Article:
Authors: M.N. DeSilva, W.W. Zhao, S.T. Schultz, K. Whang, L. Chu
Affilation: Naval Medical Research Unit San Antonio, United States
Pages: 298 - 301
Keywords: liposomes, multi drug resistant bacteria, antibiotics, antibacterial activities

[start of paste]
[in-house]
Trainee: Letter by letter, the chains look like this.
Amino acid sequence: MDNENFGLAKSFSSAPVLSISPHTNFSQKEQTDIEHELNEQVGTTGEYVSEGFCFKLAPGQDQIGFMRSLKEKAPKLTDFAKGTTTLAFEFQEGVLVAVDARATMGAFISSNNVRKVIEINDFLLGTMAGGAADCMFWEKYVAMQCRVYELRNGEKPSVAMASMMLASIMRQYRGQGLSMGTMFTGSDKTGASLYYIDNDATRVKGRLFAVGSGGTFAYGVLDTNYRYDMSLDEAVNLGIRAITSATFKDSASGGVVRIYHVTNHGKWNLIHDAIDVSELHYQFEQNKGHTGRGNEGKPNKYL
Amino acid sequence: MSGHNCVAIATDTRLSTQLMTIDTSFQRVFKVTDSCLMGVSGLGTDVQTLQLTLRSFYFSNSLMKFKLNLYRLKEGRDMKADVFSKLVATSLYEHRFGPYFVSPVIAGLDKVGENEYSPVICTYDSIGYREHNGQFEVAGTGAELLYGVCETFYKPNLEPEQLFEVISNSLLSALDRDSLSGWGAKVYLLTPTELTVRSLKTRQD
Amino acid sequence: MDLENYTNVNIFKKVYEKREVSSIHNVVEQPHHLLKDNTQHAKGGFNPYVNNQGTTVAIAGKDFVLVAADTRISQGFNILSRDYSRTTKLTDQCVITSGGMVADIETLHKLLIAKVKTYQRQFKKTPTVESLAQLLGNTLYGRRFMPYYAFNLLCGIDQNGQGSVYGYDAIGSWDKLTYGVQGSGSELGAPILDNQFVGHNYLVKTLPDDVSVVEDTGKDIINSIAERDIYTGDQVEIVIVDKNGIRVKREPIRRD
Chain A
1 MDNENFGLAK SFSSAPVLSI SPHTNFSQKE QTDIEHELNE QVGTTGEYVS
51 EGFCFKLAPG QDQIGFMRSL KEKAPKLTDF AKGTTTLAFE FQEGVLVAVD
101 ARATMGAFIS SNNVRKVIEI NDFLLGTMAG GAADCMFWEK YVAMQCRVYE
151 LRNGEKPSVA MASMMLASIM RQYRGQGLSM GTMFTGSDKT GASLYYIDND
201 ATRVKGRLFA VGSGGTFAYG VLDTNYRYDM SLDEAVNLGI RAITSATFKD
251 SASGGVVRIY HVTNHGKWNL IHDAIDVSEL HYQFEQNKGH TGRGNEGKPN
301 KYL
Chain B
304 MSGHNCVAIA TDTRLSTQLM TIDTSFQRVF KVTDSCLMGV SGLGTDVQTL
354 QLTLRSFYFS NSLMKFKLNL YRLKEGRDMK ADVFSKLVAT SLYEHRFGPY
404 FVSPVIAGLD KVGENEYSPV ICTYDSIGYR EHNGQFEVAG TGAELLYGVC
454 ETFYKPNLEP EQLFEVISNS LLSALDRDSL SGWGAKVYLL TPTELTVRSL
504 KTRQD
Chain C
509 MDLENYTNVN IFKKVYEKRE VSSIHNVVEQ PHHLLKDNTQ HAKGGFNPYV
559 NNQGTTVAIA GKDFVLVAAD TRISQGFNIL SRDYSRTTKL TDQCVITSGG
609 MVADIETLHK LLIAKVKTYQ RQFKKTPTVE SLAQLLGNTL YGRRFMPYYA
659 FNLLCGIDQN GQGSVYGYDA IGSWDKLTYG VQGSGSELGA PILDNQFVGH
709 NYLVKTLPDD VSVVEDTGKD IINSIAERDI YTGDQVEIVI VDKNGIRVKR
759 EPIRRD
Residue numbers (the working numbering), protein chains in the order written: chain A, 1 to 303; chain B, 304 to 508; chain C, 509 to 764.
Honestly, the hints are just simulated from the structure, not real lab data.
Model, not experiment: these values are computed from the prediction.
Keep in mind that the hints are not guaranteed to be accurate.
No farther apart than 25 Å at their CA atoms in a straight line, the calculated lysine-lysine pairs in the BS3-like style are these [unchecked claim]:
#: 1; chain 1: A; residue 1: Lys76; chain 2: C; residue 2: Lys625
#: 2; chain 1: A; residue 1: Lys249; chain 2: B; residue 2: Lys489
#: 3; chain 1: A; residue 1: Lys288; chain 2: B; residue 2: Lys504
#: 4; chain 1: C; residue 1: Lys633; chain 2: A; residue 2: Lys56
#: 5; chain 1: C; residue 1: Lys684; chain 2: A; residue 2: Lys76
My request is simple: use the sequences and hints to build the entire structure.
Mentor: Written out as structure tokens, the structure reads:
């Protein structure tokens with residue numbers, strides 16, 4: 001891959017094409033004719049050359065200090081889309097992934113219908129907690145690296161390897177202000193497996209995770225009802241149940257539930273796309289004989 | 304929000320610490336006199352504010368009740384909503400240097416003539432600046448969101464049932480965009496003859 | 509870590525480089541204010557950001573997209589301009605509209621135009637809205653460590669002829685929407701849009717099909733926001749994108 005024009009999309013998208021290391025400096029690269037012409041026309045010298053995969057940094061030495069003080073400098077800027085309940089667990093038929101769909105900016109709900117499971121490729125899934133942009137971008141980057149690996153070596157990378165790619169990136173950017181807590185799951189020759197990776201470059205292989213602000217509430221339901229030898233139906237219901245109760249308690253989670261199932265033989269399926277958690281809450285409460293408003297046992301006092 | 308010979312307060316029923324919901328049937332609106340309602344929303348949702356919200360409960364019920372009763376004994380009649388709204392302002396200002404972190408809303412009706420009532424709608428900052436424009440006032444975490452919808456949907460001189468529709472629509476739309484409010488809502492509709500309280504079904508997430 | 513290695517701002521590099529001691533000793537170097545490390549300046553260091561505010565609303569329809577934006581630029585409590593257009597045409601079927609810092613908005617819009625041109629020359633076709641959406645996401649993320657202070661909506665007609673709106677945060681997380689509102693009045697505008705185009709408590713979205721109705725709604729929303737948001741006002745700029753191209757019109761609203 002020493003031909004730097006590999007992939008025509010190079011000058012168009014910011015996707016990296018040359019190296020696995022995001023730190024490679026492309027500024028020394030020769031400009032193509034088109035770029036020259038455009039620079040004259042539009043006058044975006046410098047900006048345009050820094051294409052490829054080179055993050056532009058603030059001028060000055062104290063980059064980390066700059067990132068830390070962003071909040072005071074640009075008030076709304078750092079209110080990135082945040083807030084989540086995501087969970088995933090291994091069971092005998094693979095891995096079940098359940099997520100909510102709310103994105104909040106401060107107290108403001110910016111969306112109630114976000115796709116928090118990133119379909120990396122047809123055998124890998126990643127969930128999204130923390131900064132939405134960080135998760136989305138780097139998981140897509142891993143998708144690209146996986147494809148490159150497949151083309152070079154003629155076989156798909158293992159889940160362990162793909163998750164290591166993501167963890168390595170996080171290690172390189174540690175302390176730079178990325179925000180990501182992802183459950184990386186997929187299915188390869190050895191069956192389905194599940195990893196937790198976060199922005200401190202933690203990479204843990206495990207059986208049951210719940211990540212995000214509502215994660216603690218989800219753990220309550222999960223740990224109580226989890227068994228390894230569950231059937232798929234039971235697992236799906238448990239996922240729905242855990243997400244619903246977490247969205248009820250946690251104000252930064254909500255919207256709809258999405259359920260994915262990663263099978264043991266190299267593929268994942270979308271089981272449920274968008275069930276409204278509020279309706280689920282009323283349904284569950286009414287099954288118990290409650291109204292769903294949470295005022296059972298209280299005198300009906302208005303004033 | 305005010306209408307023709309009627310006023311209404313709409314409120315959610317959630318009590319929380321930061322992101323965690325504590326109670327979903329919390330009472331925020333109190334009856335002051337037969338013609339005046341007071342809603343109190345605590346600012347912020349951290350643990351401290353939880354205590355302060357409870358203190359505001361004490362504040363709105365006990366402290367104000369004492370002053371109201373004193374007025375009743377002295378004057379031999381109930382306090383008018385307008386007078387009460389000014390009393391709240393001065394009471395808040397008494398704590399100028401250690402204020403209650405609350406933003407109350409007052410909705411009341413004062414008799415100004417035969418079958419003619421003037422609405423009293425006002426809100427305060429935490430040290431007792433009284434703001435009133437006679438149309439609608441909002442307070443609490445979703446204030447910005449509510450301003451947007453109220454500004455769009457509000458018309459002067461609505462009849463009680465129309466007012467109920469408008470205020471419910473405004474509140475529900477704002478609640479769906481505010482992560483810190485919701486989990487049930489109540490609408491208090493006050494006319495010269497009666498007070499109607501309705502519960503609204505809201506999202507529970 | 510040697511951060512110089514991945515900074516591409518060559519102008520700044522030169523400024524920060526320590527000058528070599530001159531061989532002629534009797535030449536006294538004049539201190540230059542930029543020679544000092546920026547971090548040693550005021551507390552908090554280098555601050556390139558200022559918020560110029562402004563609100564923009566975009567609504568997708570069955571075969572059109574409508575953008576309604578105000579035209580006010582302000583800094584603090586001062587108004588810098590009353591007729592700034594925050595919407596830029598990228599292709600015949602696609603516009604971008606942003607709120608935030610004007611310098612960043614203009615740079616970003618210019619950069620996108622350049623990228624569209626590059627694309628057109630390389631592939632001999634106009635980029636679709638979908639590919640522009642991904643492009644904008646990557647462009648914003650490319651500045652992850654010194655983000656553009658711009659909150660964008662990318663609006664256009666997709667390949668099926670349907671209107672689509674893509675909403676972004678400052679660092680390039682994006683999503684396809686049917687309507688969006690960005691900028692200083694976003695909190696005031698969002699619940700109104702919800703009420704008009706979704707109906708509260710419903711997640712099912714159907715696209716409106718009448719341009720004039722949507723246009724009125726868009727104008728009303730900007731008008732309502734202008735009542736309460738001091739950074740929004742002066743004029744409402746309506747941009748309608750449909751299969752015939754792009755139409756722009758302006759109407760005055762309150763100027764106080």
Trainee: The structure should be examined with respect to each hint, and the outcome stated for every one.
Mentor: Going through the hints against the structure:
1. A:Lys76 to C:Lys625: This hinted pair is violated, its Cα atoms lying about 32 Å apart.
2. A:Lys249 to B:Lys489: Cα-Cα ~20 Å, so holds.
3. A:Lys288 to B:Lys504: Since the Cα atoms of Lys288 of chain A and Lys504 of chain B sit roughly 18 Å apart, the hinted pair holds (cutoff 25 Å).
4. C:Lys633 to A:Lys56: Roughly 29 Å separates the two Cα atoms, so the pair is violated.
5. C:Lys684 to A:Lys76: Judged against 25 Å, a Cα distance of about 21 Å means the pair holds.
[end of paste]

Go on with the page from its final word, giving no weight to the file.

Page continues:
Reducing patient recovery time and potential post surgical complications of warfighters after traumatic injury is of importance for the military. However, a current medical challenge in treating warfighters with traumatic injuries is bacterial infection due to multi-drug resistant bacteria. These infections can delay wound healing and increase the rate of mortality in severe cases of infections. We are developing a nanosystem for preserving functionality and controlling delivery of antibiotics for an extended period of time which exerts antibacterial activities for a broad spectrum of bacterial species. In this study, we investigated the efficiency of entrapping two antibiotics, rifampicin and tobramycin, [active against Staphylococcus aureus (Sa, ATCC 12600) and Methicillinresistant strain of Sa (MRSA, BAA-1720)] in liposomes synthesized by a modified dehydration-rehydration liposome method for preserving and controlling delivery of antibiotics. The particle size, entrapment efficiency, and antibacterial activities were determined. Encapsulation efficiency of liposomes decreased with decrease in drug concentration. For rifampicin, initial drug loadings of 40 mg, 20 mg and 10 mg resulted in entrapment efficiencies of 64.8 ± 17.3%, 49.6 ± 1.9, and 39.2 ± 9.7%, respectively, and for tobramycin they were 26.7 ± 4.7%, 24.3 ± 5.3% and 22.5 ± 3.5%, respectively. The type of drug also affected encapsulation efficiency. The average particle sizes of liposomes in the mixture was approximately 200-300 nm and 300-500 nm for tobramycin and rifampicin, respectively, and they also varied depending on the amount of drug that was used for liposome synthesis. In vitro antibiotic release studies were performed for 7- 9 days in phosphate-buffered saline (PBS) at 37°C. The results demonstrated that liposomes released sufficient amount of antibiotics, and antibacterial activities were maintained over this period against Sa while preserving the antibiotic functionality. Currently, we are investigating a variety of ways to incorporate these liposome systems into various antimicrobial agent delivery systems.